Published on March 26th, 2012 | by Aeris0
TAKASHI MURAKAMI: “LOW” ART FOR THE HIGH LIFE
Takashi Murakami is a Japanese pop artist. Inspired by cartoons, advertising, Japanese animation (anime), and Japanese comics (manga), Murakami’s imaginative sculptures and paintings feature candy-coloured images and exaggerated joy — from decorated smiling flowers, to blinking ‘jellyfish’ eyes, to his own world-famous ‘Mr. DOB’, a curious, mouse-like creature, with large round ears and eyes.
He has been criticised for producing art that is appealing to the eye, but lacking in substance. However, he also makes ordinary consumers think twice about a mere advertisement, cartoon or logo in defying traditional classifications between what critics regard as “high” art — as accepted by most museums and galleries — and “low” art within everyday objects, such as cartoons. Arguably, with more ‘art’ in advertising, products may be rated by consumers on their inventiveness, not merely their name.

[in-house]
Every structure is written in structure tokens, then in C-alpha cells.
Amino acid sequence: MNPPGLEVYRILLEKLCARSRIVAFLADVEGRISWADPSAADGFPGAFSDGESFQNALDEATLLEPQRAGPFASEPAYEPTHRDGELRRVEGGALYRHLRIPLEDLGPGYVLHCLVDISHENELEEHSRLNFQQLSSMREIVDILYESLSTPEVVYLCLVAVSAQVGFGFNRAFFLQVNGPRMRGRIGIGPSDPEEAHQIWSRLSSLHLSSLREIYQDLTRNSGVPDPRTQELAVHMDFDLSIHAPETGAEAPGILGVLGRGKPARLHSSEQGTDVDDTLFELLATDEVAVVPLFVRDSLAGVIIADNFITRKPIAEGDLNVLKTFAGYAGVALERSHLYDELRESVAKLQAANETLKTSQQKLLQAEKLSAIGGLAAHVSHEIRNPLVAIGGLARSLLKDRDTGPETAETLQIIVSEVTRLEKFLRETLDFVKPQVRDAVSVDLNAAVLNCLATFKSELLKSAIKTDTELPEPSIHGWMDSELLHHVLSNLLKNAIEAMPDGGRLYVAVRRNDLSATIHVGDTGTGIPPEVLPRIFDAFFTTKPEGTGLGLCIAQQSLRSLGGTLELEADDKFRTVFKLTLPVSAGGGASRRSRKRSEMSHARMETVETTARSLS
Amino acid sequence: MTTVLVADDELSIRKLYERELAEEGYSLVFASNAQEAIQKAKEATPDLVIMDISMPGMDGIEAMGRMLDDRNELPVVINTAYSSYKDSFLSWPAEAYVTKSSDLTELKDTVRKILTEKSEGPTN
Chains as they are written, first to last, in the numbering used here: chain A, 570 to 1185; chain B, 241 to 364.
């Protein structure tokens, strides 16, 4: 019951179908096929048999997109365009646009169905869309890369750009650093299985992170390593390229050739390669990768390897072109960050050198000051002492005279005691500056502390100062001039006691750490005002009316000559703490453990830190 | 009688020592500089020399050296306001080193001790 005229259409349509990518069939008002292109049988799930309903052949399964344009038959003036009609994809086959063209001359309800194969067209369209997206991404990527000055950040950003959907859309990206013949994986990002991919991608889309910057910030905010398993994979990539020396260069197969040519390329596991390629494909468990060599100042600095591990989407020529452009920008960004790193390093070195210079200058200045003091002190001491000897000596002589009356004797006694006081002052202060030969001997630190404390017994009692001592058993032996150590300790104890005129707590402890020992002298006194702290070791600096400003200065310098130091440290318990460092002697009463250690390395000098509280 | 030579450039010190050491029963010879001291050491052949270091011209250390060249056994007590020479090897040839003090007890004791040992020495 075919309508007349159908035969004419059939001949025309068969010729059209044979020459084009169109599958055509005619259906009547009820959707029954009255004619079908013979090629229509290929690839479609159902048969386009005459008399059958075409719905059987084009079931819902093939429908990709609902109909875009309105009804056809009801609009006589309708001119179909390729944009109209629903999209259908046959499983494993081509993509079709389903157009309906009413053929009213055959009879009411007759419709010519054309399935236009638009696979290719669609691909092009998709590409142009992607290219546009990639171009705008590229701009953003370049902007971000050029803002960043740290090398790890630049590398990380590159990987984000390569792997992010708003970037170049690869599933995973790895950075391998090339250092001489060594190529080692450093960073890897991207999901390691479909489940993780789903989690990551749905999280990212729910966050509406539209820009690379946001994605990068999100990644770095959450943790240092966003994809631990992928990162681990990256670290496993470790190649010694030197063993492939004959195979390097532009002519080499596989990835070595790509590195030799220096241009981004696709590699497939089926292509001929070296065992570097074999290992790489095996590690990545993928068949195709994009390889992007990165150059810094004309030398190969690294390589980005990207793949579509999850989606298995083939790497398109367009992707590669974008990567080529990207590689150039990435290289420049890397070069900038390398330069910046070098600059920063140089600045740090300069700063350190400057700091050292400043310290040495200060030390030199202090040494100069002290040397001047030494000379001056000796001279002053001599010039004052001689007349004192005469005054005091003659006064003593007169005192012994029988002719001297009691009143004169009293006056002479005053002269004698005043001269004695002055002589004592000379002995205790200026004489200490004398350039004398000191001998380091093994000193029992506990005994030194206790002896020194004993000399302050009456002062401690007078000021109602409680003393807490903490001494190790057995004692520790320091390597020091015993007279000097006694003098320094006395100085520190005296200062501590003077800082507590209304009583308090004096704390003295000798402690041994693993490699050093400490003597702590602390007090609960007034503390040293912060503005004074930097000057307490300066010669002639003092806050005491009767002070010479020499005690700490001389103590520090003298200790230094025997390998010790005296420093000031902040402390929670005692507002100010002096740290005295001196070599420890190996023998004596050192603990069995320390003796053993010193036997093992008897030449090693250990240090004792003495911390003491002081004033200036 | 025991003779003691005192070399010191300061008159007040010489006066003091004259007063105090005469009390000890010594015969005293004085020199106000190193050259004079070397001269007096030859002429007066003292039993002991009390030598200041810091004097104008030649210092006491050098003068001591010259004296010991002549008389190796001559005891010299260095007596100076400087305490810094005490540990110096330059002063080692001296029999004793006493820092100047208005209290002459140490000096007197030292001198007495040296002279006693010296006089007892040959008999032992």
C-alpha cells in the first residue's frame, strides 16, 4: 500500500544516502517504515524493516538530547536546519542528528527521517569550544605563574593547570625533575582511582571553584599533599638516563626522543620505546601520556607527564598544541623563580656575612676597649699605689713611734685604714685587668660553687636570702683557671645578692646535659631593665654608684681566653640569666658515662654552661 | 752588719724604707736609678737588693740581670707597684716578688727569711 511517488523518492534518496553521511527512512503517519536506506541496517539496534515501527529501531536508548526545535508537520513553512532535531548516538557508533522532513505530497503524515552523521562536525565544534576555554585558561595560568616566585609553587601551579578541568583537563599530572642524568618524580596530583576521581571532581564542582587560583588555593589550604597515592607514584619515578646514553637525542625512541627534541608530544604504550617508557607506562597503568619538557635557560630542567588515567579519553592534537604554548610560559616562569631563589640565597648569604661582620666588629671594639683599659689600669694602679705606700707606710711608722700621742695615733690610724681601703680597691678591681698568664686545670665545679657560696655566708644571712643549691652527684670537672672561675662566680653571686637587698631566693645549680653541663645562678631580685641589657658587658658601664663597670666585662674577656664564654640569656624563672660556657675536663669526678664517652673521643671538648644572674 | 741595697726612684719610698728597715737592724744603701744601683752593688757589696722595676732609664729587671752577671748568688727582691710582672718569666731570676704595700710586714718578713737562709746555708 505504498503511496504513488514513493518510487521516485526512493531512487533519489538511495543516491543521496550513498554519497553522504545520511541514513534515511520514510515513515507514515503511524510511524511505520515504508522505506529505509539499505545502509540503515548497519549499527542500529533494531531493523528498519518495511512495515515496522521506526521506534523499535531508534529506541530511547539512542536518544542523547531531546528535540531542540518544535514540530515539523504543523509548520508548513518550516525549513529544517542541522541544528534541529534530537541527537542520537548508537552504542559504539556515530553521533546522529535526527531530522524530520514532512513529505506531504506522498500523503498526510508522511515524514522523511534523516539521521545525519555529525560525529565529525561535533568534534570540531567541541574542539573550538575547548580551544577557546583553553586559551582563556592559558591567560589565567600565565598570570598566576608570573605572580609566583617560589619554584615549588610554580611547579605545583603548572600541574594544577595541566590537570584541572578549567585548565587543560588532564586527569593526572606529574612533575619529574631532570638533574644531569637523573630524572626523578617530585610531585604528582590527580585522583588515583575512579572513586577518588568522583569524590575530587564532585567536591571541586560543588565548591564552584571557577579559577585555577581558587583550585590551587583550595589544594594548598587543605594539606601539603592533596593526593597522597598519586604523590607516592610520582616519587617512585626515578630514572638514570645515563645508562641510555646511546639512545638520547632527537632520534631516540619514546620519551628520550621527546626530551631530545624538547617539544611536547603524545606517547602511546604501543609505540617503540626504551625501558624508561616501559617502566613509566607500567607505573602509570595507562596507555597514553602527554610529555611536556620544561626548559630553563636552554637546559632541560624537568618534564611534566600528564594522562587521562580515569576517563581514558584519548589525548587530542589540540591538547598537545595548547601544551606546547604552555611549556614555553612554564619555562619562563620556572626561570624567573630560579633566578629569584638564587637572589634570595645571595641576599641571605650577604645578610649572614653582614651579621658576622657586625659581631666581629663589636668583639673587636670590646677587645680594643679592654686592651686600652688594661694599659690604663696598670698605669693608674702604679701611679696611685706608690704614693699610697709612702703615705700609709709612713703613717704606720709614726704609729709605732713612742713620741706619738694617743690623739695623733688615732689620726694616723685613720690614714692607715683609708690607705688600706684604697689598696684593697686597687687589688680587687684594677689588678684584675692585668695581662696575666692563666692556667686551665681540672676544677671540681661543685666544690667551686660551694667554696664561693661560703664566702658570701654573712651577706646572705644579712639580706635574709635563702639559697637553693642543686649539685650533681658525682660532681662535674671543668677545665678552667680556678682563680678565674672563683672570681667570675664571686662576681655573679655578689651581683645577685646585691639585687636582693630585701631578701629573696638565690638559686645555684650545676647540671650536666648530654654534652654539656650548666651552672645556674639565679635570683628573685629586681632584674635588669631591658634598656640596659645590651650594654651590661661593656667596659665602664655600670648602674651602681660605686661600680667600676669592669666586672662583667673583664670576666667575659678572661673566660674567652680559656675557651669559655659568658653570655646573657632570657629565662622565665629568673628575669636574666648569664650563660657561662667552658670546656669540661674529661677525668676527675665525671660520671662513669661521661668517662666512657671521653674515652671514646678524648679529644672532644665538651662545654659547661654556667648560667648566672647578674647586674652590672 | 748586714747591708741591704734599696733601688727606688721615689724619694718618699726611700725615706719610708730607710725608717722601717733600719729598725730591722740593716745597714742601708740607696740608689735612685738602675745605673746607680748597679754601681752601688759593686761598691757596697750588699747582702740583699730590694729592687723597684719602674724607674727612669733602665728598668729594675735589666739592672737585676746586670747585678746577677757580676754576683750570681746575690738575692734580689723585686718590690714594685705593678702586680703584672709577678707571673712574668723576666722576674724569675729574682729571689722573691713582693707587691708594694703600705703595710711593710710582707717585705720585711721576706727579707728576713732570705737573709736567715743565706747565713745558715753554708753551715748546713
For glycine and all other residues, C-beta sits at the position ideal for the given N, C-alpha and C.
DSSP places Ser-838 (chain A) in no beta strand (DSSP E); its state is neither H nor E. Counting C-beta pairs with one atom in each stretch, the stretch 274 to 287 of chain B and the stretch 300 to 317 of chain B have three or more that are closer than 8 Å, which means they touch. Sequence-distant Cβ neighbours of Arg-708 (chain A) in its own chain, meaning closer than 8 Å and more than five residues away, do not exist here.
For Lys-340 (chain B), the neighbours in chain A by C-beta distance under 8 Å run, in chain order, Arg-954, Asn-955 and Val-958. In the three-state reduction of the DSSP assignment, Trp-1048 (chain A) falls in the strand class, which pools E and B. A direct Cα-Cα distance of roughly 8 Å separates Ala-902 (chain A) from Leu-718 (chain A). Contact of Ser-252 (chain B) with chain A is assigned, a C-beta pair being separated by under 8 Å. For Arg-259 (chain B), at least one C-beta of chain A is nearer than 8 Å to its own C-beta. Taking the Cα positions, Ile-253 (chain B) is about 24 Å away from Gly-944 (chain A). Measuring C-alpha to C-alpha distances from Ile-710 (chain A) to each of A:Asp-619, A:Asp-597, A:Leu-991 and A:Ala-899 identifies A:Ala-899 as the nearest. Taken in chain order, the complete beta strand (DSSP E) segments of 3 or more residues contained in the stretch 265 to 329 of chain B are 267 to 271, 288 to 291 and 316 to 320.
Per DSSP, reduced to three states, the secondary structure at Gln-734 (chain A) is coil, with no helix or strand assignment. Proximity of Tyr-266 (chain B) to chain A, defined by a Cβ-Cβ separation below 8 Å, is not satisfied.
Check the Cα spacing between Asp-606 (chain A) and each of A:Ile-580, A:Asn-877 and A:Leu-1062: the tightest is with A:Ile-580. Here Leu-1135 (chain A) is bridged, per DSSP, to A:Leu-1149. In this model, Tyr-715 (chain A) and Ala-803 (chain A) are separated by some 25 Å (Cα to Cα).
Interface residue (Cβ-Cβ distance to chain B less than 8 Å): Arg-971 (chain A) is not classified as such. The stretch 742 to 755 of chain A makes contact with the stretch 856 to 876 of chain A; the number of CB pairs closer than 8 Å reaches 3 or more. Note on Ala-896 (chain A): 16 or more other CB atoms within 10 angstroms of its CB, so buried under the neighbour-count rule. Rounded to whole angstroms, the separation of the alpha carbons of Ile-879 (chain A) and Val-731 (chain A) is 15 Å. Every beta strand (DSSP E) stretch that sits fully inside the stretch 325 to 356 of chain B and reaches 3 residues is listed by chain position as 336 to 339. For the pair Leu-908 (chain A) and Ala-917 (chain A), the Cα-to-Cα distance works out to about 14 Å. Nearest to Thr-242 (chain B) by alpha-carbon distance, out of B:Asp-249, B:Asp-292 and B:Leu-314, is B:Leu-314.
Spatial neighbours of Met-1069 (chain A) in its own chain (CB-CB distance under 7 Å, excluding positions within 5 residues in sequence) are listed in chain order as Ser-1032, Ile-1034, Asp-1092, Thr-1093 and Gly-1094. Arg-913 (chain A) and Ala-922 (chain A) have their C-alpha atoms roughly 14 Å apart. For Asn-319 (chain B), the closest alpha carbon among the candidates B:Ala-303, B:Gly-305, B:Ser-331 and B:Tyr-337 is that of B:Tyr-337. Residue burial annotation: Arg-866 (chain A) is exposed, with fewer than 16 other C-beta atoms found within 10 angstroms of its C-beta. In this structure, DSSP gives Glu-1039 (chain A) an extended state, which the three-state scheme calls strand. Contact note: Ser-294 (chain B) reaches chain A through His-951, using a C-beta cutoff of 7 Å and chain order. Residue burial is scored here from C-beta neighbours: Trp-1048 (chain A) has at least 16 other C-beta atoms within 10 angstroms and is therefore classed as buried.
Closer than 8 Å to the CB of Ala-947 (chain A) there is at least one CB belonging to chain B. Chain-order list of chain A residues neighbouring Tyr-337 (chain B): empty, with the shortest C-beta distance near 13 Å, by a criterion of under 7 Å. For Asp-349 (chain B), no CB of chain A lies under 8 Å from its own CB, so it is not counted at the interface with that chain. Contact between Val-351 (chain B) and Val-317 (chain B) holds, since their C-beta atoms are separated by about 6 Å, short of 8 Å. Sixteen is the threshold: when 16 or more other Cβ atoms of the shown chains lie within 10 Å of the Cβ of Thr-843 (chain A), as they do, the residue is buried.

Murakami also challenges the stereotype of an isolated artist toiling away in a studio. He employs a large team to help produce his original designs. They are sold to galleries and collectors from New York to London; to luxury brands seeking a more fun, quirky image such as Louis Vuitton; and in merchandise, from mugs to key-chains. His balance between ‘exclusivity’ and ‘accessibility’ has earned Murakami both respect among the global art elite and huge commercial success with mainstream consumers.
As Murakami put it in 2001: “Within the art scheme, one’s work must have a critical component to be popular. The general public, however, is attracted to very silly paintings. I don’t see why contemporary works have to appeal to one audience or another.”
Images courtesy of Fabrik Gallery